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Eric Flint launched his Ring of Fire series in 2000 with his novel “1632.” Intended as a stand-alone novel, it tells the story of Grantville, a West Virginia town switched in time and place with an equal area of space in Thirty-Years War Germany. 1632 proved addictive to readers and writers. Flint wrote a sequel, inviting David Weber to collaborate. Readers ate it up. Flint then opened his playground to other writers, curating the results. As of 2020 there are over 30 books in the series.
“1637: No Peace Beyond the Line,” by Eric Flint and Charles E. Gannon, is the latest addition to the series. It is a sequel to “1636: Commander Cantrell in the West Indies,” published in 2014.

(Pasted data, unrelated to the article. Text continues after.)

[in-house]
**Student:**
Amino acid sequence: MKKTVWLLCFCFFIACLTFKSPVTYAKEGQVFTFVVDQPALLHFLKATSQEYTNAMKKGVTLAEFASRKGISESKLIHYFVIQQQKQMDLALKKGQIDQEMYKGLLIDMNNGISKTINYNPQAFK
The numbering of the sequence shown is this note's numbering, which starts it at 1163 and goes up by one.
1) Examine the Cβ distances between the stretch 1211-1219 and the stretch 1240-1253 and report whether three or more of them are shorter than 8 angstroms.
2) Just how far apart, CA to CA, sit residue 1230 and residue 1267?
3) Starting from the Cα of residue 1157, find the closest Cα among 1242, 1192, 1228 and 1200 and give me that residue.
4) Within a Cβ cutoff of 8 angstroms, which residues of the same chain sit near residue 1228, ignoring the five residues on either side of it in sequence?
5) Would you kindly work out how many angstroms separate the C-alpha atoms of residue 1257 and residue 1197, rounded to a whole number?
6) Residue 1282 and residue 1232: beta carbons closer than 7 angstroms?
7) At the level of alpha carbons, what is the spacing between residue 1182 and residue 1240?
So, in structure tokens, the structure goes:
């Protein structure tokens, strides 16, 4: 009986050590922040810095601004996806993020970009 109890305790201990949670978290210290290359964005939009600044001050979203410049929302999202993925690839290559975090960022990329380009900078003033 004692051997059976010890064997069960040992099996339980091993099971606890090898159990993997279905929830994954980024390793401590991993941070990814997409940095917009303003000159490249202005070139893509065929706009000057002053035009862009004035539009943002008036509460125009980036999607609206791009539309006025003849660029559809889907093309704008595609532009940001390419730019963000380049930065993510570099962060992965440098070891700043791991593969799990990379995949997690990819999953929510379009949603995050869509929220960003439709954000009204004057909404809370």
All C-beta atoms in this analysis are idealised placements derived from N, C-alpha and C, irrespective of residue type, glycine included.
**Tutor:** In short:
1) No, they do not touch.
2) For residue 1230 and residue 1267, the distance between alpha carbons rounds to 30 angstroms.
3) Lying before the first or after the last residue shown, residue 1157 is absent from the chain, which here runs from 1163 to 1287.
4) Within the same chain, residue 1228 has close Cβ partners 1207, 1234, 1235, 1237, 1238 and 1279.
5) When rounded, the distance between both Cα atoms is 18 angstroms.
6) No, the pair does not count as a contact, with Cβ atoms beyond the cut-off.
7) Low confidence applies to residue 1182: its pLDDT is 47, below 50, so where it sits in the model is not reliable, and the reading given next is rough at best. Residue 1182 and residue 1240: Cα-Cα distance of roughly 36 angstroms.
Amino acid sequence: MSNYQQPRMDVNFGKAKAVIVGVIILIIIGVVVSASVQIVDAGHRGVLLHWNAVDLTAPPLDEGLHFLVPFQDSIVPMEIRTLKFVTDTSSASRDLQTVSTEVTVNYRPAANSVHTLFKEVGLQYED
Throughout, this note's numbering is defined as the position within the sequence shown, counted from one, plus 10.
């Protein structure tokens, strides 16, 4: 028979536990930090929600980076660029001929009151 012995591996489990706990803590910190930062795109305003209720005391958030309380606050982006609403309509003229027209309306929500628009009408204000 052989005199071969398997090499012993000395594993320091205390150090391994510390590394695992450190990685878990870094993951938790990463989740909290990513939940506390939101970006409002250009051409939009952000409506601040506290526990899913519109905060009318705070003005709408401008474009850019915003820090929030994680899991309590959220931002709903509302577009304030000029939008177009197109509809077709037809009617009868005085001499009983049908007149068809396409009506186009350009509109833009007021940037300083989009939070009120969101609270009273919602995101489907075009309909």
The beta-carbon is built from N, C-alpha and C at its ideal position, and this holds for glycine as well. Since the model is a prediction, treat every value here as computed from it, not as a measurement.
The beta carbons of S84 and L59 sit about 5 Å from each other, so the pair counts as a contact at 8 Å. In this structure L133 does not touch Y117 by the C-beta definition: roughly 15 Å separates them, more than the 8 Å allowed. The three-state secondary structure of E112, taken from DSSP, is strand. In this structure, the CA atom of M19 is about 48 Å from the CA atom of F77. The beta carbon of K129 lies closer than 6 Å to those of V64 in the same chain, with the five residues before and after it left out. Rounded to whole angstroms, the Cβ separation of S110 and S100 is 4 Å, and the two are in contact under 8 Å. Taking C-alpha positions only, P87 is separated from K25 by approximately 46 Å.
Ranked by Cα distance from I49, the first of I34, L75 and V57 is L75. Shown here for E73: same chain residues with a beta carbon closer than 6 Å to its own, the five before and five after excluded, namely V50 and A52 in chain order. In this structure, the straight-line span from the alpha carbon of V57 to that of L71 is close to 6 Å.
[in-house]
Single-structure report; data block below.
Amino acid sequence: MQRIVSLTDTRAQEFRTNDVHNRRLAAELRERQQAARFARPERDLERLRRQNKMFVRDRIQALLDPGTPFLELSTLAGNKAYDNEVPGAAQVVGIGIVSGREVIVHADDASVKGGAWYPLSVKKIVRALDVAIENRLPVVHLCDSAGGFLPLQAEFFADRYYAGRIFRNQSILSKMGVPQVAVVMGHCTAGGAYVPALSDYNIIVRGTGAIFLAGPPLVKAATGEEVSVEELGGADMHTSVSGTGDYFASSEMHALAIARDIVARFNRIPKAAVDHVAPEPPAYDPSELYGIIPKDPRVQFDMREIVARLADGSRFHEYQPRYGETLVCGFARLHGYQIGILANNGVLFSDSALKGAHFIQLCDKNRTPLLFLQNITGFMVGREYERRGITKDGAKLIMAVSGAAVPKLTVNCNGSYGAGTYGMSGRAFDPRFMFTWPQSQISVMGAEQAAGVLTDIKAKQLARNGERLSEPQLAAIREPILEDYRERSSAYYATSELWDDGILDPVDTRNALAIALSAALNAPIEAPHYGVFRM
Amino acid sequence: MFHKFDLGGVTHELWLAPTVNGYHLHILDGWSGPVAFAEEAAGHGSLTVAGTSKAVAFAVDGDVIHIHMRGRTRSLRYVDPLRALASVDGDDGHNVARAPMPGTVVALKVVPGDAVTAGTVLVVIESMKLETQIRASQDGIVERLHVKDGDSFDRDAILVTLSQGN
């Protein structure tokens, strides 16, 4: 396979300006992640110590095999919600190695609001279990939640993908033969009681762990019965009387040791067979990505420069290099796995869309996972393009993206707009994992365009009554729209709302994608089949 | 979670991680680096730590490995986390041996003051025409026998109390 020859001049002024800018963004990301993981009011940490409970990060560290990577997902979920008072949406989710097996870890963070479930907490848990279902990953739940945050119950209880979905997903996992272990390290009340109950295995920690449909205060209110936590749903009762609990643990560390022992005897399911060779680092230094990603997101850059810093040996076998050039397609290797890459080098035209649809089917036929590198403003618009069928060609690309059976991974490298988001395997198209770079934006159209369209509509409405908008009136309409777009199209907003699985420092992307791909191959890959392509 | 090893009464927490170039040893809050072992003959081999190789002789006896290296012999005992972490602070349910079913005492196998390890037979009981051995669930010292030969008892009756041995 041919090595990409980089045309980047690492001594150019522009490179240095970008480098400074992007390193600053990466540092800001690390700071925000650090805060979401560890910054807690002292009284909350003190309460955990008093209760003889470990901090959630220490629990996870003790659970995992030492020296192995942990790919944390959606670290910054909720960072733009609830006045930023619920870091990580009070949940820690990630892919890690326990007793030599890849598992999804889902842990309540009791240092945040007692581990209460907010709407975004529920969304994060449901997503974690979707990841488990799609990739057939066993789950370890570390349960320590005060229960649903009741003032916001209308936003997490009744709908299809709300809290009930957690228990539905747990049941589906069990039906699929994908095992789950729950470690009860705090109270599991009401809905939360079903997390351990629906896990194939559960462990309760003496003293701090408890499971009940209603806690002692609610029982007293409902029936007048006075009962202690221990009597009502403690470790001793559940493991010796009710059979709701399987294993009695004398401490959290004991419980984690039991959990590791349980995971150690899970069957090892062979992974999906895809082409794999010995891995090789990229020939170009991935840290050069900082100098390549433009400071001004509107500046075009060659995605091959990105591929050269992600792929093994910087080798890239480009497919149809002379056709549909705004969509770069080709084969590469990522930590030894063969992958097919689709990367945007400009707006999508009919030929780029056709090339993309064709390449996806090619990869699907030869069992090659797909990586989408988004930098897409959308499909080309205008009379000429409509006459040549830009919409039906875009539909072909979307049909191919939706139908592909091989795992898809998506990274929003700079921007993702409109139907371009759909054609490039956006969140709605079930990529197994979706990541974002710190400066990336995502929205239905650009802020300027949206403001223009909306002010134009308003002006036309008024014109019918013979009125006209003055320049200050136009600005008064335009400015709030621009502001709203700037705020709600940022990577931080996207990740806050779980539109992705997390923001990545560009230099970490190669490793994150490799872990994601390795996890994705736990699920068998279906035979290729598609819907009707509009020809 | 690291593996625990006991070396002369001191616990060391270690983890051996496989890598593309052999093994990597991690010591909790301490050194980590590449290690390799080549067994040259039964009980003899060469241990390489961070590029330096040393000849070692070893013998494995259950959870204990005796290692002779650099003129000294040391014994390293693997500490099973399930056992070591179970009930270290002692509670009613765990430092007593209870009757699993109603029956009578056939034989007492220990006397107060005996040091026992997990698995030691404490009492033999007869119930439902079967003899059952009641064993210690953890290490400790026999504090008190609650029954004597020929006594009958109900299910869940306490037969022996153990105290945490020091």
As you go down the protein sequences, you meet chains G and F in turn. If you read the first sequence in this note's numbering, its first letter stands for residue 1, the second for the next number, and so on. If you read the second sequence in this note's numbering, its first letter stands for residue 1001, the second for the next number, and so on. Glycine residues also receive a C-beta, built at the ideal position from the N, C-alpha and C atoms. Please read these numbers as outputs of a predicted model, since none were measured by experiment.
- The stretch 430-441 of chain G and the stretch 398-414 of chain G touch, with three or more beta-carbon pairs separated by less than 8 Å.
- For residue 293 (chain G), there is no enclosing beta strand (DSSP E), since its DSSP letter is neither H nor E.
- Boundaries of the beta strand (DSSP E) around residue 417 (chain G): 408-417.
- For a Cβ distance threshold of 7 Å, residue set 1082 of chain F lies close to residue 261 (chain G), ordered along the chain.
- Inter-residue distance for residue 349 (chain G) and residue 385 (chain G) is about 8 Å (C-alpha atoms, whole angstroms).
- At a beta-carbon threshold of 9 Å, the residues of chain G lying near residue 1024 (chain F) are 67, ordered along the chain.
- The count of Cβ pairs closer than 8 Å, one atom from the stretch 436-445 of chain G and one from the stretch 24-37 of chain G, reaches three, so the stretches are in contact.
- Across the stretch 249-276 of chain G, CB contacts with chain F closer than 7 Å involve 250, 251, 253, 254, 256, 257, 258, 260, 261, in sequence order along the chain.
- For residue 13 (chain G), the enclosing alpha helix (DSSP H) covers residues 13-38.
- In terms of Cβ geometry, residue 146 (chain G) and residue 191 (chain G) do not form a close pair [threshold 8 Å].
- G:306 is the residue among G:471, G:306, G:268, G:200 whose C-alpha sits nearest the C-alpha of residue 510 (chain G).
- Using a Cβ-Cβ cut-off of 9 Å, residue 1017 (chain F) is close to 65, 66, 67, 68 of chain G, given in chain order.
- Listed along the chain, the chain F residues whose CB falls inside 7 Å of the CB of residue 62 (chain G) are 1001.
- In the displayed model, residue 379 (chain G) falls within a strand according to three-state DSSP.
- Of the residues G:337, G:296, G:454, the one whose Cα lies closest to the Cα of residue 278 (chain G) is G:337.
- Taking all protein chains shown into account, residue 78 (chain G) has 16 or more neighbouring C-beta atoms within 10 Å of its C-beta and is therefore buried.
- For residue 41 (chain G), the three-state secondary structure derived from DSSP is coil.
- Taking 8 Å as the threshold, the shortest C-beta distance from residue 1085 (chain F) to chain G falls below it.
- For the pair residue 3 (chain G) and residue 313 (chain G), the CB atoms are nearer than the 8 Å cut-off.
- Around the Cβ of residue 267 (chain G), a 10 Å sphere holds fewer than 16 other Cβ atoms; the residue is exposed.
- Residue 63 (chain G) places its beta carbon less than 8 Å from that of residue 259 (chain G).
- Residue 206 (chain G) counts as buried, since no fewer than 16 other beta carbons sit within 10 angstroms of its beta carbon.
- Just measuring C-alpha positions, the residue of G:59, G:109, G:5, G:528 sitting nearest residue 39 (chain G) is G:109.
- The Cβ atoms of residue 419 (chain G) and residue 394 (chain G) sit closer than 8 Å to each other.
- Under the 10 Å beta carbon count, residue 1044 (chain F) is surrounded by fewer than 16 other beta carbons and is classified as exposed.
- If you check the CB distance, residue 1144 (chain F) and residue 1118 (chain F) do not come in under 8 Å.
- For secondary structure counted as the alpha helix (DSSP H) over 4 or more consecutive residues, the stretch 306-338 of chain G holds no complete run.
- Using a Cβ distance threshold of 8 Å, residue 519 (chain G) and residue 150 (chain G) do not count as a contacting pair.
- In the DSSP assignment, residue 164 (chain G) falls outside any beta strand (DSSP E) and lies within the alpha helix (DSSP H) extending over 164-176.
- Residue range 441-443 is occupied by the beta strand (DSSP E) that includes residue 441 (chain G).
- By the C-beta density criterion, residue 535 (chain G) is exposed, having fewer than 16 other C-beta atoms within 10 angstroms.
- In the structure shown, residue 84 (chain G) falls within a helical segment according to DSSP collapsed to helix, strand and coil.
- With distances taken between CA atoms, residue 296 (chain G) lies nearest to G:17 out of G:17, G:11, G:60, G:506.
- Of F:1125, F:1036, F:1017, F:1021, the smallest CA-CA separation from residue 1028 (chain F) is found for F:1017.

“No Peace Beyond the Line” picks up where “Commander Cantrell” left off. Captain Eddie Cantrell is holding together a coalition made up of Germans, Dutch, Danes, Irish, and renegade English colonists. The English have defied their national government to remain in the New World. The Irish are members Wild Geese, Irish mercenaries estranged from English-occupied Ireland, formerly in the service of France. Led by the chief pretender to the Irish throne (held by King Charles of England) they are running a settlement in Trinidad, producing and exporting oil, with the cooperation of the local natives.